(All I see is Snart protecting his sister.--source)
So I did feel bad for him, for the way he's been treated. For what Rip called him. He may be grumpy and a criminal and focused on one thing, but he was still part of the team. He helped Ray survive prison (even if Ray didn't always listen). He helped the team get the dagger--even if they didn't stop Savage with it. He's helped the team just like everybody else. He has some of the best lines, his grunt work gets the team out of trouble, and he's tried in every situation. He has merit. Yet, Ray is the only one who doesn't treat him like packaged meat. It's sad.
Rip: "Or what? You'll punch me in the face, or burn me alive, or employ some other barbaric form of violence?"
Rory: "That's why you recruited me, isn't it? To hit, hurt and burn?"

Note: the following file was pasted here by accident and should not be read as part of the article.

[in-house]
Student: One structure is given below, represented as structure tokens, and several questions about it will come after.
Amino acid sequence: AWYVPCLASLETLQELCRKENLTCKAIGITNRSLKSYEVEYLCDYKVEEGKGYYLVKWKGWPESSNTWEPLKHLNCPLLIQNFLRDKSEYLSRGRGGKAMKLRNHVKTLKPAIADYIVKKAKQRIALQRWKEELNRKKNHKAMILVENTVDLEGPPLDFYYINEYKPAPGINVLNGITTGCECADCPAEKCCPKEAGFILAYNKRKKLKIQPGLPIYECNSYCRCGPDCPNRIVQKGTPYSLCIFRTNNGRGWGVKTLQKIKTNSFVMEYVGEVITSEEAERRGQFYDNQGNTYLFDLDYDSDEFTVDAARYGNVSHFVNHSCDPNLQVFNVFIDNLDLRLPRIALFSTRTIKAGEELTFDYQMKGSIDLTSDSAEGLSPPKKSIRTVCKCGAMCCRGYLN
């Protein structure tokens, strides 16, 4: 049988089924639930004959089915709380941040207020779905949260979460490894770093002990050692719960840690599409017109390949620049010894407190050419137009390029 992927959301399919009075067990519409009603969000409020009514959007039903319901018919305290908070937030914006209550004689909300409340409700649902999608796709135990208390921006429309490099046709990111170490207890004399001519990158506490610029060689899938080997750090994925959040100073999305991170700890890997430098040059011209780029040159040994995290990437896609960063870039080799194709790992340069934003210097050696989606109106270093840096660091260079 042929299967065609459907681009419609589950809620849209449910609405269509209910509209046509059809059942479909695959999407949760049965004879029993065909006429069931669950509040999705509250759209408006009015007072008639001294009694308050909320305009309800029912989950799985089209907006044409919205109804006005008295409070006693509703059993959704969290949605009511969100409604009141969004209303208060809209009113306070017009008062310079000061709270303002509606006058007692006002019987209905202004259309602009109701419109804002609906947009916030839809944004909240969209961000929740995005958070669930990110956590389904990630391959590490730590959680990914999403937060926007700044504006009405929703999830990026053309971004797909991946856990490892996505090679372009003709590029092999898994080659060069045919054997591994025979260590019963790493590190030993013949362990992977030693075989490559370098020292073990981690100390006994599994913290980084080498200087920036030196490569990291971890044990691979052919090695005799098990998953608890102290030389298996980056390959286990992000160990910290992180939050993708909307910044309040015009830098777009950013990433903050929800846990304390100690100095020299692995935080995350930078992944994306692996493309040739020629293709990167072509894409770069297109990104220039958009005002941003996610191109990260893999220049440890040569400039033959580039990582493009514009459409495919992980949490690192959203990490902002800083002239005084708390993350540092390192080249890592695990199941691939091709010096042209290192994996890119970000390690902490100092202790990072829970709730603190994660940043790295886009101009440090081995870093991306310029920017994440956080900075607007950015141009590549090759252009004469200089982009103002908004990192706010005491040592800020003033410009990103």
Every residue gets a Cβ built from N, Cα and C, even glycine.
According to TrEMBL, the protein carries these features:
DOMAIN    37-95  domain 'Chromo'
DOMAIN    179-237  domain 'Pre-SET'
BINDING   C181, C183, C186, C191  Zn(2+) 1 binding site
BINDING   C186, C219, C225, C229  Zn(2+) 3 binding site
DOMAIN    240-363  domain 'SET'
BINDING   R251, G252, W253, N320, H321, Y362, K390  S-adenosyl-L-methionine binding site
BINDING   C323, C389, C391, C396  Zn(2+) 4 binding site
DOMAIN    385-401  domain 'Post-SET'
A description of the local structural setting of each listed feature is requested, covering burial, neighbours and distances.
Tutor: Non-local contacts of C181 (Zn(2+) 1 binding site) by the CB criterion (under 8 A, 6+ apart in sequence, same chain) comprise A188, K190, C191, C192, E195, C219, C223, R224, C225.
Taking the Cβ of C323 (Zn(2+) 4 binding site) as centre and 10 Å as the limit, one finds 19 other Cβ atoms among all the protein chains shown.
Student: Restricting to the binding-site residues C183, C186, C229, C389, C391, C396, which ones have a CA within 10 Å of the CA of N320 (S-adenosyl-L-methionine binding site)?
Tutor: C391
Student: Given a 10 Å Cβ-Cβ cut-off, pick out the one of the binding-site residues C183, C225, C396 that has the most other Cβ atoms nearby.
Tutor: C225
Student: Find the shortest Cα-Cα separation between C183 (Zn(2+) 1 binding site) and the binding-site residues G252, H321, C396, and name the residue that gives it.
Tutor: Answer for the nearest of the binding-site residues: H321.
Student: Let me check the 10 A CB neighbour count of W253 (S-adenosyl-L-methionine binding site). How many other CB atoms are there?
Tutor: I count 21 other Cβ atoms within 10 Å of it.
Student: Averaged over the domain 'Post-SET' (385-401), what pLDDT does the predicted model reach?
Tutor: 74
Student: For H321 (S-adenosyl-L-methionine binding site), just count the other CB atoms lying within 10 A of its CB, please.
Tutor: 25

Rip: "No, I recruited you because you and your partner were a package deal. I'm sorry, Mr. Rory, but a serial arsonist was never part of my plan to stop Savage, much less one with the IQ of meat."
The ending shocked me because I thought for sure Rory would turn. He would trick the pirates and help save the day. But he didn't. He wouldn't change to fight for his team. And even Snart turned his back on him, choosing the Legends over him--the guy who saved him from death. So the ending was so sad for Snart's sake. This was his best friend, his partner in crime (literally), the only person who truly cared about the things he did. I didn't think he would do it. I didn't think he would kill Rory. (Still, I'm not so sure he did.) But he did blast him, making it seem like Rory's gone. And it's just shocking.
(This actually hurts.--source)